CBRE Group (NYSE: CBRE) is a high-quality company that occupies a unique position in the commercial real estate sector by acting as a game of picks and shovels in the industry; it basically functions as a royalty on the growth of others. It also operates relatively under the radar and has consistently increased its revenue, earnings, and free cash flow over the years.
The stock has fallen more than around 33% from its December 2021 high, but the underlying business continues to grow, giving investors a good opportunity to buy shares in a wonderful company. at a fair price.
Founded in 1906, CBRE Group is the world’s largest commercial real estate services and investment company (based on 2021 revenue). It functions as a holding company and operates through the following segments:
Global Workplace Solutions: provides a suite of integrated and contract outsourcing services to property occupiers (eg facilities management and project management); typically multi-year, multi-service outsourcing contracts (~62% of revenue).
Advisory Services: provides a full range of services globally, such as leasing services (property rental), capital markets (property sales and mortgage services), property management and appraisal services (~34% of income).
Real estate investments: includes investment services provided globally, development services in the US, UK and continental Europe, and legacy office space solutions (~4% of revenue ).
CBRE generates both stable and recurring sources (large multi-year portfolio and contracts per project) and more cyclical and non-recurring sources (commissions on transactions). Their revenue mix has become more heavily skewed towards stable revenue streams (~62% of revenue) and its reliance on cyclical real estate sales and rental transaction revenue has decreased. In 2021, the company generated revenue from a diverse customer base, including more than 93 of the Fortune 100 companies.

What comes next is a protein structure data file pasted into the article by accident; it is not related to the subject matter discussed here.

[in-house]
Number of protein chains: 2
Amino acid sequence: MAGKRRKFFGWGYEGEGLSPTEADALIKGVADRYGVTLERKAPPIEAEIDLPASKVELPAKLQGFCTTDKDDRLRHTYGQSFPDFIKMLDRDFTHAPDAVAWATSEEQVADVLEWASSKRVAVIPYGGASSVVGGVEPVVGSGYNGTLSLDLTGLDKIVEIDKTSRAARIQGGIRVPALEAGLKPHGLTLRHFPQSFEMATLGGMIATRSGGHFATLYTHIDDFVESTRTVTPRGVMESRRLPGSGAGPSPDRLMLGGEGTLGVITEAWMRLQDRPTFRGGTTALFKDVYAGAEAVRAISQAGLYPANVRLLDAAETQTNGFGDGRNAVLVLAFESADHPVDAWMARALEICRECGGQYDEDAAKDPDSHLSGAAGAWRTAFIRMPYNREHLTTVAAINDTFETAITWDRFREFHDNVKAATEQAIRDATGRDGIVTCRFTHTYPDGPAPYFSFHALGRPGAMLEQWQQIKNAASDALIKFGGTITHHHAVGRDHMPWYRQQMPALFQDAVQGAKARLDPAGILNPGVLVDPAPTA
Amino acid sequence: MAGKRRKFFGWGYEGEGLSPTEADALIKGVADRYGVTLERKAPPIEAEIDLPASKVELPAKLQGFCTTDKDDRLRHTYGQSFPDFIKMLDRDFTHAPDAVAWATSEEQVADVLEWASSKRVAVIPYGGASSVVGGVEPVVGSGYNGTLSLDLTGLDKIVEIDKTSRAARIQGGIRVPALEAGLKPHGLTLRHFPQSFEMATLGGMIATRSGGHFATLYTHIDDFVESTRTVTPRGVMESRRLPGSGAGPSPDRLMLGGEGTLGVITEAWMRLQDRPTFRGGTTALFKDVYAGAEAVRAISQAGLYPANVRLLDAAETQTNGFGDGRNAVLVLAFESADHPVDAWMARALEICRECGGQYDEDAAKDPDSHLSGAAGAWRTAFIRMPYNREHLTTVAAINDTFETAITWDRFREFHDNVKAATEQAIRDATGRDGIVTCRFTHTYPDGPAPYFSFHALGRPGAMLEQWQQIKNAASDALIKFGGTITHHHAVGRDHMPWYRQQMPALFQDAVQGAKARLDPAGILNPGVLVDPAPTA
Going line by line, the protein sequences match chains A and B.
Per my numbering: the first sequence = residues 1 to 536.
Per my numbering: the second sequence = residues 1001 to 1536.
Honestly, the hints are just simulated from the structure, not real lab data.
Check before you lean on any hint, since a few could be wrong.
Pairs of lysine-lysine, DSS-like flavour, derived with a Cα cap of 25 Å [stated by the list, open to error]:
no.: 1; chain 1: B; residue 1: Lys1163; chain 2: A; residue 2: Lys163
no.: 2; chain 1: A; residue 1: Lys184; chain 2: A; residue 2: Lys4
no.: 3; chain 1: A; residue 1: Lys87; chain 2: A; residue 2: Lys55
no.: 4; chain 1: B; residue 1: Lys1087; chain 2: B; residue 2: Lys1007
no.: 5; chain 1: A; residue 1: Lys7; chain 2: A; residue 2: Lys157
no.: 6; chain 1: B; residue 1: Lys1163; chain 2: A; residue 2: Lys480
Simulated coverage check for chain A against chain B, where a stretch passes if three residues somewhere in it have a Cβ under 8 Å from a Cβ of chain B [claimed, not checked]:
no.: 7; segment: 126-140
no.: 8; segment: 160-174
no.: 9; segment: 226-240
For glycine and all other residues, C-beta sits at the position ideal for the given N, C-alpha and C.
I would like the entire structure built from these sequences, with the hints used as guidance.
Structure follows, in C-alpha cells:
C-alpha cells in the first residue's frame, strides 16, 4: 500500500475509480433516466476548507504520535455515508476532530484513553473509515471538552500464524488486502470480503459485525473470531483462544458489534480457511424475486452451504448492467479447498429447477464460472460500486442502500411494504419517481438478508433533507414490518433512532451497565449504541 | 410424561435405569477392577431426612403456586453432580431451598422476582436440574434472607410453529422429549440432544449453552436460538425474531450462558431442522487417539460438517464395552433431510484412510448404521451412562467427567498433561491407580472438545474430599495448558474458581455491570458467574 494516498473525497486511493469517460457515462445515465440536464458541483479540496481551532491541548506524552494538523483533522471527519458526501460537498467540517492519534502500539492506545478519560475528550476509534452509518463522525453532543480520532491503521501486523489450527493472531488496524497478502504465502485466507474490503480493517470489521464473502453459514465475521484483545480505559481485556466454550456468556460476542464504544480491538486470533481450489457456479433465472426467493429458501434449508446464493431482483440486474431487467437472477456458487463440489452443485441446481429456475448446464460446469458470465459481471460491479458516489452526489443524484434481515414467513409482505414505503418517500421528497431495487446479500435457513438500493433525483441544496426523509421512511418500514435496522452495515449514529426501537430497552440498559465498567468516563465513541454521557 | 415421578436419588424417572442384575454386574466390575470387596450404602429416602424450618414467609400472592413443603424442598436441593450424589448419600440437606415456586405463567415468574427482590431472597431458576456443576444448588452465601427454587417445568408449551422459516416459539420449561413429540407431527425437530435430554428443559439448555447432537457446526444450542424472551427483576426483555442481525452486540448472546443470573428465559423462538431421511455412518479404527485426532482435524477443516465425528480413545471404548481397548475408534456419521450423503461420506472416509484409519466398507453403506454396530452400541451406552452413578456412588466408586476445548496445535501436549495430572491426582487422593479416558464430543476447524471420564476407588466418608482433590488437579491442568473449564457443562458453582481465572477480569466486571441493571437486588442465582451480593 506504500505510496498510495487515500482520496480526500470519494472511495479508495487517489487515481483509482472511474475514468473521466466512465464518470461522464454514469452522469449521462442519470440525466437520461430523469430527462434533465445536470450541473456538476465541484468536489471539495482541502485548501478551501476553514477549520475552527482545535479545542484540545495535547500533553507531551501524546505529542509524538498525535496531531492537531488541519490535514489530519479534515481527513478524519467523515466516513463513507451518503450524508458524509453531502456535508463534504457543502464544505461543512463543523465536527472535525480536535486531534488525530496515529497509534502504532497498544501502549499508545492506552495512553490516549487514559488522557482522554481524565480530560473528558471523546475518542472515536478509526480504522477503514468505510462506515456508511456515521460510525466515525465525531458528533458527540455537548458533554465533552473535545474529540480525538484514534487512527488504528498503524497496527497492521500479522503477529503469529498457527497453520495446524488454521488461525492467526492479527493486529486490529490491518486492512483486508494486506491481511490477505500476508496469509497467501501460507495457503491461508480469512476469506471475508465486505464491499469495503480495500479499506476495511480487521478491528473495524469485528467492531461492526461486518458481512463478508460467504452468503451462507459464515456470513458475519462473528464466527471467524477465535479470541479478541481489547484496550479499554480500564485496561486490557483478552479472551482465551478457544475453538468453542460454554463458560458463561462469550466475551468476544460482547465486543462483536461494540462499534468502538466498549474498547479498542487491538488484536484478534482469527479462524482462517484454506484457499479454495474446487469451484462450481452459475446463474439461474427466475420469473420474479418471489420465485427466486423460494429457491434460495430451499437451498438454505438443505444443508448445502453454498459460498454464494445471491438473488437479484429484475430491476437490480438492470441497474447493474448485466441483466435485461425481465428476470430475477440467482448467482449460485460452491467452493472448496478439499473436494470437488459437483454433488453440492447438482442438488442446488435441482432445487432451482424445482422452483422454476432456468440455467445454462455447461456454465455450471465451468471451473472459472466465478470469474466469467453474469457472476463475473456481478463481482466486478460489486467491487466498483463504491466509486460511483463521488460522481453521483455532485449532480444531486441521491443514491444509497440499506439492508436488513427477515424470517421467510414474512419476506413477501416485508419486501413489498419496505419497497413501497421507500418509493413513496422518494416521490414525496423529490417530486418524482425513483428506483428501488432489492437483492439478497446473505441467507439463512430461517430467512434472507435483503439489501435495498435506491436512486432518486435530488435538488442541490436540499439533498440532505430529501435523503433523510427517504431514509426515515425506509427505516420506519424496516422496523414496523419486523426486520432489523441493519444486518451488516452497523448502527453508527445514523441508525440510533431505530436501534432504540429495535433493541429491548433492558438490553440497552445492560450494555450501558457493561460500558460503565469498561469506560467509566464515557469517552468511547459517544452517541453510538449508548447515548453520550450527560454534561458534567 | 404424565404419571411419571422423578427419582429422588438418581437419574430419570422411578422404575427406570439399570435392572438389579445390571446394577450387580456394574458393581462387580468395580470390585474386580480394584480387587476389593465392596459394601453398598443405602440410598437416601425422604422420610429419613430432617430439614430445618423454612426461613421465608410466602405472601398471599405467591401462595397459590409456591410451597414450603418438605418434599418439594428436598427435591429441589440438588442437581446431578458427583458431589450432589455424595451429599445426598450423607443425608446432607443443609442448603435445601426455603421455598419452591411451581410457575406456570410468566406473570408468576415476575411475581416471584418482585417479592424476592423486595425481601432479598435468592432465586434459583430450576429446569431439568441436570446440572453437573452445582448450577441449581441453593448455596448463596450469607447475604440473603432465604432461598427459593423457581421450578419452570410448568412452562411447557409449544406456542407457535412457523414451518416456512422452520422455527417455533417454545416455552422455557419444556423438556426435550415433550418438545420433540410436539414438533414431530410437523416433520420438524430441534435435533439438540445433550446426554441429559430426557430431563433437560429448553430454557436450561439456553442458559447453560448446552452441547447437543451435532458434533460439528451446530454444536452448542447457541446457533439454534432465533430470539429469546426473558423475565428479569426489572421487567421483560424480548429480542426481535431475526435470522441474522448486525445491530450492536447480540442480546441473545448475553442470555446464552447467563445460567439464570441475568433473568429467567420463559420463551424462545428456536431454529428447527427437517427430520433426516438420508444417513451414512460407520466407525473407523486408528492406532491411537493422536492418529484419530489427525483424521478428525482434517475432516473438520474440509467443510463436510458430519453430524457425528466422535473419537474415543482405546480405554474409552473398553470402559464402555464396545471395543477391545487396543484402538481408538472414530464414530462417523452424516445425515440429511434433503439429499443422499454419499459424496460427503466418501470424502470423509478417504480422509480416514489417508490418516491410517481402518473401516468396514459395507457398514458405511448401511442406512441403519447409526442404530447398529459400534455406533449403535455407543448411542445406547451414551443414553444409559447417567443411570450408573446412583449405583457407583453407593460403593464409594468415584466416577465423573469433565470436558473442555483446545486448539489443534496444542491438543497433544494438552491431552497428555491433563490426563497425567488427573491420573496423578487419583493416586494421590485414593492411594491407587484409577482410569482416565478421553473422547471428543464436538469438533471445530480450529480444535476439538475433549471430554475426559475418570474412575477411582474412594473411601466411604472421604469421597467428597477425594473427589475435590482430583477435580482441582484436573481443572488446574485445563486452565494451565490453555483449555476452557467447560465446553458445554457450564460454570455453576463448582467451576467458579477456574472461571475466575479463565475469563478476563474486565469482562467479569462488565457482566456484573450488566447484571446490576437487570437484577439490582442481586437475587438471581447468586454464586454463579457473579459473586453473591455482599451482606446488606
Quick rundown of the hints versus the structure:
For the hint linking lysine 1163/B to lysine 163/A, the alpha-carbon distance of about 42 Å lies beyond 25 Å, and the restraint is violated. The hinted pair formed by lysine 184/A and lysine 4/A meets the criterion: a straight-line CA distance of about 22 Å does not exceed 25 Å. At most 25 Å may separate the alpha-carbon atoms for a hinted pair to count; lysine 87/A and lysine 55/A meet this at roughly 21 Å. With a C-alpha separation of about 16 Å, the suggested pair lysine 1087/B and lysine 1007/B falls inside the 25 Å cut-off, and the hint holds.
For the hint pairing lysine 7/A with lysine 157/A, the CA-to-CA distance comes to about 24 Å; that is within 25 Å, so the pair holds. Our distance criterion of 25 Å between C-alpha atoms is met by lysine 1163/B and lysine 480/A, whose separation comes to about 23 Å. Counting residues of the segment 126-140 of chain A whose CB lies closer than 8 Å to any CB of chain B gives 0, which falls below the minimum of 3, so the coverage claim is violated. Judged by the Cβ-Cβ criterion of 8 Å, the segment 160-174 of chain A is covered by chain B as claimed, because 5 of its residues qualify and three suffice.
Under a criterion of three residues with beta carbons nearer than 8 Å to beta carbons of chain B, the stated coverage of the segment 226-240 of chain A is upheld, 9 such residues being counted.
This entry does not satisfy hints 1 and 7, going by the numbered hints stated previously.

The company’s main competitors include Jones LaSalle (JLL), Cushman & Wakefield (CWK), Colliers International Group (CIGI) and Newmark Group (NMRK), among others. CBRE has more than 105,000 employees and operates in more than 100 countries.
With 332 million shares outstanding and a current price of around $72, the market capitalization is around $24 billion.
CBRE has steadily increased its revenue, earnings and FCF over the past decade. CAGR over 10 years:
It looks like the company will earn between $4 and $5/share, so it is currently trading between 14 and 18 x PE. For a company that has consistently demonstrated growth on every metric and earns returns on equity >20%, I would say CBRE is a high quality company and is trading at an attractive valuation.
PER: $4-5 per share, which puts the P/E at ~14-18x
P/P: 2.5x (not very relevant because CBRE is a real estate services company and has profitable operations, so it should not be valued on a liquidation basis)
Yield: no dividend
Leverage: low leverage, debt/equity of 0.9x